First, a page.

By Lanre Ola
MAIDUGURI, Nigeria (Reuters) - Four bomb blasts killed at least 50 people in Maiduguri in Nigeria's northeast on Saturday in the worst attacks there since Islamist militants tried to seize the city in two major assaults earlier this year.
There was no immediate claim for the bombings but they bore the hallmarks of the Islamist group Boko Haram, which has been waging a six-year insurgency to carve out an Islamic state in Africa's biggest economy.
President Goodluck Jonathan, who is seeking re-election on March 28, has been heavily criticized for failing to crush the group. The vote was postponed for six weeks from Feb. 14 for security reasons.
Around noon on Saturday, the driver of a motorized tricycle detonated a bomb when the vehicle was prevented from entering a fish market on the Baga road in the west of Maiduguri, market trader Mohammad Ajia said after fleeing the scene.
Another blast hit the busy Monday market shortly afterwards. A car bomb exploded later by a bus station near a Department of State Security (DSS) office, according to a civilian member of a joint task force.
State police commissioner Clement Adoda said via text message there had been four blasts in the city, without elaborating on the location or nature of the fourth explosion.
"We've received 50 dead bodies from the blast scenes and 36 injured people," Salisu Kwaya Bura, Chief Medical Officer of Borno Specialists Hospital, told reporters.
The number of wounded was well above 36 as more had been taken to two other hospitals, a hospital source said.
"Men from the anti-bomb squad came a few minutes after the blast to comb the scene ... I saw five mangled bodies being put in vehicles," Aliyu Musa, a resident near the DSS office, said.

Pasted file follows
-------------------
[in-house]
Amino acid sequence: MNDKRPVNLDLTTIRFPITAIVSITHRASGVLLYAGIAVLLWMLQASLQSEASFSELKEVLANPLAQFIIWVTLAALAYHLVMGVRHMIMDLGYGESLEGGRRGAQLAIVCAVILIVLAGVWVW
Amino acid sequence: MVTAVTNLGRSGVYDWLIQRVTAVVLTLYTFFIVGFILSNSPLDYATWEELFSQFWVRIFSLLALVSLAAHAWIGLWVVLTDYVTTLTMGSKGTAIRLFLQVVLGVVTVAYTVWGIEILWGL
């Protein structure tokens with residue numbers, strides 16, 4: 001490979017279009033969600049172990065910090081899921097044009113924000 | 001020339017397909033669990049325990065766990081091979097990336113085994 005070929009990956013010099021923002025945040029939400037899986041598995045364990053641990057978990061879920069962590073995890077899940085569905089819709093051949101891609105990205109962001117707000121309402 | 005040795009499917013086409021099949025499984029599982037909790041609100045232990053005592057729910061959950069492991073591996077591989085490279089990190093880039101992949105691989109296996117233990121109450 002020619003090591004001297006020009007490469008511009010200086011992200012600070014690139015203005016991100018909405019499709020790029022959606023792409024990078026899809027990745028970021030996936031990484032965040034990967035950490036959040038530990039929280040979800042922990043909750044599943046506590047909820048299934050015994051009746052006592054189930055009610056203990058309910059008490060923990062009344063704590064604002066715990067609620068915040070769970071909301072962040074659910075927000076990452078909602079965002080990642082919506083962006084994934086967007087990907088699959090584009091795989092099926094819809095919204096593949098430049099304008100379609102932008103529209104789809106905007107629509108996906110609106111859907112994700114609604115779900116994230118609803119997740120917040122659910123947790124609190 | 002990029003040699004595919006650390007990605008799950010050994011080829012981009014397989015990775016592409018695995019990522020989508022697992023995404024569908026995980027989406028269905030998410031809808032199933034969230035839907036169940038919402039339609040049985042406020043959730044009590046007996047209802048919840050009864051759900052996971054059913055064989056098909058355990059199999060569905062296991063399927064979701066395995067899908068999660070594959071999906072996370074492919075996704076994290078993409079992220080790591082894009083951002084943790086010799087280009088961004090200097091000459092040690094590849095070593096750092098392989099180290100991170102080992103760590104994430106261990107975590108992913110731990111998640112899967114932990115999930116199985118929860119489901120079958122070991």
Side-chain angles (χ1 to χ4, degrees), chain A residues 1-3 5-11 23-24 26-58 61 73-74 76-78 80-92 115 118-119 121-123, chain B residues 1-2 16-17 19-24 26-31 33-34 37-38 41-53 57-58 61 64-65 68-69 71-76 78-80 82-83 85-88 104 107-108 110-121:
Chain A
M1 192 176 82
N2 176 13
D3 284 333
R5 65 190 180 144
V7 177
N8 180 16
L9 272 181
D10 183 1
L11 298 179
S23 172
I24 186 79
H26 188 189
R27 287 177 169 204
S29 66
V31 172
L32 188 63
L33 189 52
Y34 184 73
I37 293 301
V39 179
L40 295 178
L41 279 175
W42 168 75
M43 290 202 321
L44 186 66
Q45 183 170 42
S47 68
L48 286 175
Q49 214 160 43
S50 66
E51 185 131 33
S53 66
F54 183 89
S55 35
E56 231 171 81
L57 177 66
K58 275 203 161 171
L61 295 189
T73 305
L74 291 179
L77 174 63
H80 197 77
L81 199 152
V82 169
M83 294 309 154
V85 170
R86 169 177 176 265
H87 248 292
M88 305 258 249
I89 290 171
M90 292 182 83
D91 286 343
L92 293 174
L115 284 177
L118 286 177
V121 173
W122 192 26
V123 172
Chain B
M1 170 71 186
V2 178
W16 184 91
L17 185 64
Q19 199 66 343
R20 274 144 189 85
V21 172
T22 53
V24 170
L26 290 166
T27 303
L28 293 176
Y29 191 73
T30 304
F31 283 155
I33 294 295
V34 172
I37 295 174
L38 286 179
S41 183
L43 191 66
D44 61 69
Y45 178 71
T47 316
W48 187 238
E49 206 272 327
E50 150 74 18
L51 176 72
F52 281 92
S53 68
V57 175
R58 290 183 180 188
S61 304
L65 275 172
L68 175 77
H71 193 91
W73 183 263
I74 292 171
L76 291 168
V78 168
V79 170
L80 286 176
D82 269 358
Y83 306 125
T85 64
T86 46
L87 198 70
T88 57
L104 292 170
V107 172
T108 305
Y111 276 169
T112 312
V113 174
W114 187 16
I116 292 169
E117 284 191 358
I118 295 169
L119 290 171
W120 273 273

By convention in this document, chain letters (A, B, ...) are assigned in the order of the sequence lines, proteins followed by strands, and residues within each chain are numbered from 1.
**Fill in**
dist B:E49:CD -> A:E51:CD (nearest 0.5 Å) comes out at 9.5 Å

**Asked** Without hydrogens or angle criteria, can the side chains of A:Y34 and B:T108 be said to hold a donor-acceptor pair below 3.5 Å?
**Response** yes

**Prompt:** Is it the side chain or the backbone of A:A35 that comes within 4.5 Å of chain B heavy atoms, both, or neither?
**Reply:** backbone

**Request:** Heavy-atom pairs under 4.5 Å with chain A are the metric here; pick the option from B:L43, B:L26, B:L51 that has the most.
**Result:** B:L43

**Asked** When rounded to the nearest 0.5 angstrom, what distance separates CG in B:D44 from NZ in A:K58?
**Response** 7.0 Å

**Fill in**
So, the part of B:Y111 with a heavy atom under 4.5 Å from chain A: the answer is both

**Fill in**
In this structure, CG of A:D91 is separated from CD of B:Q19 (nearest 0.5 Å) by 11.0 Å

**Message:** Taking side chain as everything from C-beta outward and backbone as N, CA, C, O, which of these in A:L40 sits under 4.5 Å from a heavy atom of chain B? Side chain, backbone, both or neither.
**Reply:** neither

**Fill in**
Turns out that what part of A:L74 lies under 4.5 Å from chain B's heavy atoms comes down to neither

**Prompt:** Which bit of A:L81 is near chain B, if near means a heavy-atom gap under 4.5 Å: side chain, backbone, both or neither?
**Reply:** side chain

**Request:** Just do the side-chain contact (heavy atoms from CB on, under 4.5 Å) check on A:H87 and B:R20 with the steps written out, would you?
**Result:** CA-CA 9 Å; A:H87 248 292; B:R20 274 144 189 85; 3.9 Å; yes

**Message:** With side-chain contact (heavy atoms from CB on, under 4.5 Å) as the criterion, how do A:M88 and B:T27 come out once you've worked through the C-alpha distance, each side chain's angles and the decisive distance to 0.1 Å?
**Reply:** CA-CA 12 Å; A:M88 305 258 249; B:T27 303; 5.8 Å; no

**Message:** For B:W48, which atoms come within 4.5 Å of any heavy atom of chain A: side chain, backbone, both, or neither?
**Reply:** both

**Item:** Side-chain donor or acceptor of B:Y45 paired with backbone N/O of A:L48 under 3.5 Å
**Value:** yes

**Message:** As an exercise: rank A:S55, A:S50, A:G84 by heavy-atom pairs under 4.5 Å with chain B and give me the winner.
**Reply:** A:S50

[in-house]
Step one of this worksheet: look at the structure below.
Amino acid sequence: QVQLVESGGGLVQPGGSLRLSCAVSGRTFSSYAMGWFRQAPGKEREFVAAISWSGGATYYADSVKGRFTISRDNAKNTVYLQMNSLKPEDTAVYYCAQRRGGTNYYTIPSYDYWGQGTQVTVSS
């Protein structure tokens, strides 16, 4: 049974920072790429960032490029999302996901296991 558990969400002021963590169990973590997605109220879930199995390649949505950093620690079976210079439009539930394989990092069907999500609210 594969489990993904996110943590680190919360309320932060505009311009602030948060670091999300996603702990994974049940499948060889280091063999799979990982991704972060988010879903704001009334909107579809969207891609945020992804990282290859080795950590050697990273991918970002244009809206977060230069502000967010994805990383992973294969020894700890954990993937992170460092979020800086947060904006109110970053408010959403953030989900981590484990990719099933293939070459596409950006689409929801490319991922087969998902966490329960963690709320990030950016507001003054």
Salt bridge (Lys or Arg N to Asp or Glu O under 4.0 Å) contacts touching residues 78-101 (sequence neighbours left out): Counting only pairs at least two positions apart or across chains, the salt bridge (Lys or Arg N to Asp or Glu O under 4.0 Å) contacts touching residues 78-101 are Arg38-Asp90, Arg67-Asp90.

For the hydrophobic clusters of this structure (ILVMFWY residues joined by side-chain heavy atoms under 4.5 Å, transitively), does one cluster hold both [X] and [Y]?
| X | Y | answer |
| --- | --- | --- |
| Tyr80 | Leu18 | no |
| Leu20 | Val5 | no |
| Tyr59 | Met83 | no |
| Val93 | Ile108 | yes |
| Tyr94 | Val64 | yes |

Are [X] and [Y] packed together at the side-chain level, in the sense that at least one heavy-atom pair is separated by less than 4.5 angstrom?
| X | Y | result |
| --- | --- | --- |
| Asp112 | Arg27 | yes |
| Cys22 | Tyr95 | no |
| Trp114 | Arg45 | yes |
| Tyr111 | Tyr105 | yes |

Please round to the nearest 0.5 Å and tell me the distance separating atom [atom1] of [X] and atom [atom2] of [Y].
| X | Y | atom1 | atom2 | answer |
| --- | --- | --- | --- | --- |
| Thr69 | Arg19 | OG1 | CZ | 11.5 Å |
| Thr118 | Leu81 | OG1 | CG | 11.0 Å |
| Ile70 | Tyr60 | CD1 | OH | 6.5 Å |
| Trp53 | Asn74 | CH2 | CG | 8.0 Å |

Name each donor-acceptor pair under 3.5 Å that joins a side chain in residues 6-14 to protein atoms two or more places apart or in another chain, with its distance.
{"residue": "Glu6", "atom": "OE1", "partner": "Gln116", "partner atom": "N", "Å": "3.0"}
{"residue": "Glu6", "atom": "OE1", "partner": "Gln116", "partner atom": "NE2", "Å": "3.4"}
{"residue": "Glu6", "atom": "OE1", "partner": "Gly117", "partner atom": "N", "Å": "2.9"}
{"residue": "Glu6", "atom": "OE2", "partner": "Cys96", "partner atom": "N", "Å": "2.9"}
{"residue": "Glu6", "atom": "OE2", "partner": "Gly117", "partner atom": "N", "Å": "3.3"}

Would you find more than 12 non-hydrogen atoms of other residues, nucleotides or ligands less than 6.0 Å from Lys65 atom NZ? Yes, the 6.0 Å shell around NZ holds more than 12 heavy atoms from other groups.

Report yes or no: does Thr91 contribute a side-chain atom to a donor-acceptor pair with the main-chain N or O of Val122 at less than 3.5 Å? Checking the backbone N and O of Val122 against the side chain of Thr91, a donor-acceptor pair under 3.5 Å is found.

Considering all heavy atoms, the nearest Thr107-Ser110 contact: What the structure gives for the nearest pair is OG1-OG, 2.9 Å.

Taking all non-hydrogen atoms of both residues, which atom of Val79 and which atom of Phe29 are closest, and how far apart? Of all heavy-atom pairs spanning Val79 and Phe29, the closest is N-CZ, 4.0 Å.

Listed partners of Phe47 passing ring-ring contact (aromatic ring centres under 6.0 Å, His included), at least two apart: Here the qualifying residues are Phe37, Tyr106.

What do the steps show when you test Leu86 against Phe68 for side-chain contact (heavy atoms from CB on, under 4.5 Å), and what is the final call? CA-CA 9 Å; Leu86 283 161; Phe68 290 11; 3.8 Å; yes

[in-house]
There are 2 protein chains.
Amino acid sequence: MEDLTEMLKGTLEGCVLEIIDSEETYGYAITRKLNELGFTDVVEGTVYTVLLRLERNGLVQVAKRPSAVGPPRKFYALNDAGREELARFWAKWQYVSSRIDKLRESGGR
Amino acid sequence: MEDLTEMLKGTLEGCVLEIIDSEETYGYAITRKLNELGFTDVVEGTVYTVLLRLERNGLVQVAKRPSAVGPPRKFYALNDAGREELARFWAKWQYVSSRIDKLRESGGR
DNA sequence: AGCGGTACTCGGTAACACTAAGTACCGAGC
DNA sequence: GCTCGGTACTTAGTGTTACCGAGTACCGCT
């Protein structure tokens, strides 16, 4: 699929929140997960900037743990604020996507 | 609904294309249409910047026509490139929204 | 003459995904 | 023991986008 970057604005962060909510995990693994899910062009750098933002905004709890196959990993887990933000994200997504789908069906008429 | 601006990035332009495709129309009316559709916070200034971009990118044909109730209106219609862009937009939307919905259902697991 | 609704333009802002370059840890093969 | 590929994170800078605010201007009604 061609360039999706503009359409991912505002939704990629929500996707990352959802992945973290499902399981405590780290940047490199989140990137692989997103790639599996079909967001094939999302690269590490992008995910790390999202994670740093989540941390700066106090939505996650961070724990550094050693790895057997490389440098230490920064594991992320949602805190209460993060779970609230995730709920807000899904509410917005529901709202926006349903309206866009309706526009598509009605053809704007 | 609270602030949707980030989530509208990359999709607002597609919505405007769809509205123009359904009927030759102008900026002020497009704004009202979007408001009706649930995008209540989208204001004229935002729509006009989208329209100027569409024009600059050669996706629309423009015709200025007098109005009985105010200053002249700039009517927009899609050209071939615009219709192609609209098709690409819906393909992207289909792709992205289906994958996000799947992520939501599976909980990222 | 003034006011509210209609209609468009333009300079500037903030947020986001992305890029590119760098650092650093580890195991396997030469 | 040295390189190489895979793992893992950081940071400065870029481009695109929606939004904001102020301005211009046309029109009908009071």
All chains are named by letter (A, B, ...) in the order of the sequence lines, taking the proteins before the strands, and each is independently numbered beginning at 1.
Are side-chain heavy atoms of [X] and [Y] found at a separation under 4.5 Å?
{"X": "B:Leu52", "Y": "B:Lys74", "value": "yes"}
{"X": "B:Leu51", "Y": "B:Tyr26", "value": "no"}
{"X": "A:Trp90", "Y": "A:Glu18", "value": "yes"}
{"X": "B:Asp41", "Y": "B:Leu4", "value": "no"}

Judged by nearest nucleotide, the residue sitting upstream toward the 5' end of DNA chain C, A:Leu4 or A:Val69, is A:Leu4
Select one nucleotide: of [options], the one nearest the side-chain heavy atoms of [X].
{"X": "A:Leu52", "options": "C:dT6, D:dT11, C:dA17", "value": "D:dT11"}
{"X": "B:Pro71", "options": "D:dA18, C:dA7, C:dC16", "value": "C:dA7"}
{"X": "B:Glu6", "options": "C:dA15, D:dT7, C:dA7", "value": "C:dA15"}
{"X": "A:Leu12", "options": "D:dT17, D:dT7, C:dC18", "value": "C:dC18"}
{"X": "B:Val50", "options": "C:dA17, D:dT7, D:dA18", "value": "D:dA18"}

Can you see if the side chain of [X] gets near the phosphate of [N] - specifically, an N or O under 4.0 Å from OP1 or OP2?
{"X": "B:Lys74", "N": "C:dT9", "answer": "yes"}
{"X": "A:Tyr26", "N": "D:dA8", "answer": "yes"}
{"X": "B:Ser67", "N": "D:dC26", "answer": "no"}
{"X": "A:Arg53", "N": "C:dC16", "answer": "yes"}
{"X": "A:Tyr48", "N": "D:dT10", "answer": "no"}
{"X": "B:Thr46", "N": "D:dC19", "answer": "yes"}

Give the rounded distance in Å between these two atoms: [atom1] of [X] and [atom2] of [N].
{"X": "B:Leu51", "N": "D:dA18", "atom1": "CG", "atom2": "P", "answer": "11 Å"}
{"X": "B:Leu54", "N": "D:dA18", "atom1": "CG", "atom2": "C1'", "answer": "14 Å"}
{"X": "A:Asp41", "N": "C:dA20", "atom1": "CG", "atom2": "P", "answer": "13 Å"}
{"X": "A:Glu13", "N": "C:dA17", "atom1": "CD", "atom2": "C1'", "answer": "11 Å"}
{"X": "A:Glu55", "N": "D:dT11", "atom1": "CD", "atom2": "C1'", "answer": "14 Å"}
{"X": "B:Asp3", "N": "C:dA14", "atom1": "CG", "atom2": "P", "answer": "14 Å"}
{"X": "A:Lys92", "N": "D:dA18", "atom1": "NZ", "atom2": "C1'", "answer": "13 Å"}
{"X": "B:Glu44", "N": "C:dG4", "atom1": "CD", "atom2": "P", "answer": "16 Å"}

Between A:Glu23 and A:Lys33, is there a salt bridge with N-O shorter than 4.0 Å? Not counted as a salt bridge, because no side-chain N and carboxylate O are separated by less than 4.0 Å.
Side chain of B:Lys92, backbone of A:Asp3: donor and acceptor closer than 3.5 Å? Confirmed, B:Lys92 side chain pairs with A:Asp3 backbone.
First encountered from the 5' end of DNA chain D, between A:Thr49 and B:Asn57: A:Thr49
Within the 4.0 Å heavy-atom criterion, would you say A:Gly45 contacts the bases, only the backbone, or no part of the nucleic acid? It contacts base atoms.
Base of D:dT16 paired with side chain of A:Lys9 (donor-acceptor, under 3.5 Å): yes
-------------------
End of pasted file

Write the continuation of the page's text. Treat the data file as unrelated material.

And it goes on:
Maiduguri is the capital of Borno state and birthplace of Boko Haram, which has long coveted the city as a capital for the state it wants to create. The militants tried to seize Maiduguri at the end of January and again in early February.
Boko Haram overran a territory the size of Belgium last year, which Nigeria's ill-equipped army has struggled to take back, and the group gained worldwide notoriety in April when its members kidnapped more than 200 schoolgirls.
Since the election delay, Chadian troops cooperating with the Nigerians have reclaimed some important towns in Borno. The army has also been able to push the militants out of some territories in neighboring Adamawa and Yobe states.
On Saturday, Nigeria's army said it had retaken two more constituencies in Borno state.
"With the capture of Mafa, Marte LGAs (local government areas), and the Chadian troops holding fort in Dikwa, the international route from Nigeria, Cameroon, Chad and Central African Republic is now fully secured," Colonel Sani Usman said in a statement.
(Additional reporting by Isaac Abrak and Julia Payne in Abuja; Writing by Julia Payne; Editing by David Clarke)